Alejandro Aballay, Ph.D.

  • Professor of Molecular Microbiology and Immunology, School of Medicine
  • Chair, Molecular Microbiology and Immunology, School of Medicine
  • Program in Molecular and Cellular Biosciences, School of Medicine
  • Neuroscience Graduate Program, School of Medicine


Dr. Alejandro Aballay is Professor and Chair of Molecular Microbiology and Immunology. In addition to direct experience as a graduate student mentor, Dr. Aballay has experience in different aspects of graduate education. He has served as a member of the executive, advisory, and admissions committees in 4 at least different graduate programs, and as thesis committee member for 18 graduate students. Dr. Aballay has lectured about host-microbial interactions for different graduate courses, and as a visiting Professor at the Cold Spring Harbor Laboratory and at the University of Michigan Medical School in Ann Arbor. He served as the course Director of the Duke Medical School Microbiology course for 4 years. Dr. Aballay has made numerous contributions to the field of host-microbial interactions, focusing historically on bacterial virulence factors and their targets in host cells but more recently on neuronal signaling mechanisms of control of immune responses against bacterial pathogens and mechanisms involved in the control of recovery after infections. Dr. Aballay’s contributions include publications in several journals of broad interest, including Science, Developmental Cell, PNAS, and Current Biology.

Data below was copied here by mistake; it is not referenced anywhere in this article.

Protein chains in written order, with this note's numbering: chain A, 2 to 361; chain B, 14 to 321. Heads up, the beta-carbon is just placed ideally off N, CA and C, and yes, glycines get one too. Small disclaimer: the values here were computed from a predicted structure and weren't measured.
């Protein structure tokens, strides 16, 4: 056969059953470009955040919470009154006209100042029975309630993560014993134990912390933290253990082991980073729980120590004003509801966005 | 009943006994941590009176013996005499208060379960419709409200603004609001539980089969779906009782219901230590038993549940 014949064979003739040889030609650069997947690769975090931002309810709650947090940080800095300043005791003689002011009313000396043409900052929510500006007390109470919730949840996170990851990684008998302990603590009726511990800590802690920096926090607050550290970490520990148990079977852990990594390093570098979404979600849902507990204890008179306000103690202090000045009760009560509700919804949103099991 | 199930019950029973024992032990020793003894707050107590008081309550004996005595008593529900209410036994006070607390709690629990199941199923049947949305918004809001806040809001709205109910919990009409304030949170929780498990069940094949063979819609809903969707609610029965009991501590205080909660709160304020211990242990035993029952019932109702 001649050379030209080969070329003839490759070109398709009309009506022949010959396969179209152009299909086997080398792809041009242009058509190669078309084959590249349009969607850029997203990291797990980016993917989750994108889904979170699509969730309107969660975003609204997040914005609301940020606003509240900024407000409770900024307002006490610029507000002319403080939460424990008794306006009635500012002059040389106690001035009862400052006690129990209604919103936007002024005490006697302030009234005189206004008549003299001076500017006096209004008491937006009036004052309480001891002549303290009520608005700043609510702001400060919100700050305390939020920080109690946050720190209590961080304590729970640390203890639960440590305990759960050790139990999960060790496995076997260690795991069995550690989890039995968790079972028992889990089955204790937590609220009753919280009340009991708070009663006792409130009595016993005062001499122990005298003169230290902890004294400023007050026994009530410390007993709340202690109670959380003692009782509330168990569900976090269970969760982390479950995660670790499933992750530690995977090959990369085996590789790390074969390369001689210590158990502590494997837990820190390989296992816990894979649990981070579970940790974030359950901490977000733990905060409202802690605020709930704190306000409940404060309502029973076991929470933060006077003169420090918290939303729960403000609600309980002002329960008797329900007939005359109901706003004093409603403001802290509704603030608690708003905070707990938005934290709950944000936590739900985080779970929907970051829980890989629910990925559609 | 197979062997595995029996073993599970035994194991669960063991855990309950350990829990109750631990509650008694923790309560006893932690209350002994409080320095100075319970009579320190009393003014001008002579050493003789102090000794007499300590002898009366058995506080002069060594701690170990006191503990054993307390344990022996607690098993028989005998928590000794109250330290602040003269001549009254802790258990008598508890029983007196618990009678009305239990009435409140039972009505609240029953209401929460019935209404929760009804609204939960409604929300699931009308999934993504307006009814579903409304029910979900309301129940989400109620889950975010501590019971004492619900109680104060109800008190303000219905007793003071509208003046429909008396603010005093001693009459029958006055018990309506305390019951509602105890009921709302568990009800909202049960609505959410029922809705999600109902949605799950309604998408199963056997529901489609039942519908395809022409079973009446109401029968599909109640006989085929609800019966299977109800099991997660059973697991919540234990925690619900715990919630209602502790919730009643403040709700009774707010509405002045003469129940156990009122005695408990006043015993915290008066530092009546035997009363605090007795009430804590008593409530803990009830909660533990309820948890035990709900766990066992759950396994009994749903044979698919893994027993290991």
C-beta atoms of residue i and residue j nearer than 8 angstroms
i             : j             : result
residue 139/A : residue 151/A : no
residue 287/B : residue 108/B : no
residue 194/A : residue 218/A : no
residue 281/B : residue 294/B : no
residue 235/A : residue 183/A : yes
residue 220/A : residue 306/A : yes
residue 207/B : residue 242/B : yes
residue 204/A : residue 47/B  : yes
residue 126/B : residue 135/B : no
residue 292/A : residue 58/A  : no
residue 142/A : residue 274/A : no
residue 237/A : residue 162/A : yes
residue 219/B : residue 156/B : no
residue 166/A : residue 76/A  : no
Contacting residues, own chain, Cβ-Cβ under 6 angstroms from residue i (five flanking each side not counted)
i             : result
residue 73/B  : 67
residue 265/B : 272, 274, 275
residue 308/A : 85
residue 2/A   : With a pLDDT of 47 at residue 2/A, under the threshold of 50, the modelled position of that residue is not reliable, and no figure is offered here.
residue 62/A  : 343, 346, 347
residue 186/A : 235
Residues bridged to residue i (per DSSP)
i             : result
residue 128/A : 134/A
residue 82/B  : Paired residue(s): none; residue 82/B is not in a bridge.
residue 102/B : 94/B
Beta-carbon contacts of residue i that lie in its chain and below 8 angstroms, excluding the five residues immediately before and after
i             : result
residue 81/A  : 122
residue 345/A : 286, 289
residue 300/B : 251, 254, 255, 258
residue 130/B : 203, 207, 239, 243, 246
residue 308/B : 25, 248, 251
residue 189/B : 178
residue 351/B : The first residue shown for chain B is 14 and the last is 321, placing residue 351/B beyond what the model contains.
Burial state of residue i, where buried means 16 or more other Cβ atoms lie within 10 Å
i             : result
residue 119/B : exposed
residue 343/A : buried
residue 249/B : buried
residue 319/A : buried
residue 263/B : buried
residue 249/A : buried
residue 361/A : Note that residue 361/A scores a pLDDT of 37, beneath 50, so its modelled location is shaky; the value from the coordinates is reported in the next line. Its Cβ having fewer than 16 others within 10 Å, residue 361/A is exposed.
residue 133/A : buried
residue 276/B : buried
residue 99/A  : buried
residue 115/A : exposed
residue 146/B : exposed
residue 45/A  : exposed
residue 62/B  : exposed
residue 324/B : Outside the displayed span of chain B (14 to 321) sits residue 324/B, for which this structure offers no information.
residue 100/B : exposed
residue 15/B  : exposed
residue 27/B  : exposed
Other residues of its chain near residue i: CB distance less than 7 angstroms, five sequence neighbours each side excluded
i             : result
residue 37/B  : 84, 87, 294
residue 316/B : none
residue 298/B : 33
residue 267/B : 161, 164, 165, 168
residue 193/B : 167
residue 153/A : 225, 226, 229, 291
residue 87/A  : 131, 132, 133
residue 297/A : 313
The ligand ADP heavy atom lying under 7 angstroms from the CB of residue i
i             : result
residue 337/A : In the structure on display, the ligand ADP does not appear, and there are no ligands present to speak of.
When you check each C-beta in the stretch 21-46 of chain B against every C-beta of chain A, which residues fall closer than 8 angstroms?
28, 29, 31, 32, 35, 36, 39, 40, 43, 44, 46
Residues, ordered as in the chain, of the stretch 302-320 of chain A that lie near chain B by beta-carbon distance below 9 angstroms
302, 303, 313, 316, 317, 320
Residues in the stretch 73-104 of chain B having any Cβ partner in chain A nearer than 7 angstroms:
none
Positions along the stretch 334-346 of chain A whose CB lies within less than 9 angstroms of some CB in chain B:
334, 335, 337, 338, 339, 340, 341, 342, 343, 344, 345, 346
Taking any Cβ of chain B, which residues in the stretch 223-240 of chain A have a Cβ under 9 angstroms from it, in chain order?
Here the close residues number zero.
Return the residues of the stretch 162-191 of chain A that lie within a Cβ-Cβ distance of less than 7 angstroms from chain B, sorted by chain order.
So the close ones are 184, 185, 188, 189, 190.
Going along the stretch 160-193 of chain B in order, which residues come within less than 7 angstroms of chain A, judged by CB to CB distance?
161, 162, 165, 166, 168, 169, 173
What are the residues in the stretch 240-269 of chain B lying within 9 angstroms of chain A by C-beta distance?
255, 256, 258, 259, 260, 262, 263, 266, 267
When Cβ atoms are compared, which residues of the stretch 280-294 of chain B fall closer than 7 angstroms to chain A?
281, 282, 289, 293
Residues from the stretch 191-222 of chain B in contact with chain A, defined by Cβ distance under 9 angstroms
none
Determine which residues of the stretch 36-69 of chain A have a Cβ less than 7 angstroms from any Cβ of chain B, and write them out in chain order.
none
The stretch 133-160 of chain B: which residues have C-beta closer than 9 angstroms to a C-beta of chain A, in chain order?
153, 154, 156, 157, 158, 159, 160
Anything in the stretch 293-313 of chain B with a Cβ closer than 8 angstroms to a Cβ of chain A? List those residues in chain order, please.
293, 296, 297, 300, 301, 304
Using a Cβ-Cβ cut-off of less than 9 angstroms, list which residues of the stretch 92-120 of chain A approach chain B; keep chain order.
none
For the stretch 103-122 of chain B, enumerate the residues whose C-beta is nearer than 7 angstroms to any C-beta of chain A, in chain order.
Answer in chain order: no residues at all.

Honors and awards

  • Dr. Aballay is a recipient of a number of awards, including: 2017 American Society for Microbiology fellowship, 2013 American Association for the Advancement of Science (AAAS) fellowship, 2009, Neuroimmunology of Brain Infections and Cancers Award, 2009 Howard Hughes Medical Institute (HHMI) Early Career Scientist Competition-Semifinalist, 2005 ICAAC Young Investigator Award, 2003 Whitehead Scholar in Biomedical Sciences, 1998 Pew Foundation Postdoctoral Fellowship.

Areas of interest

  • host-pathogen interactions, neural-immune communications, neuroinflammation, infections, bacterial pathogenesis, organismal response to infections



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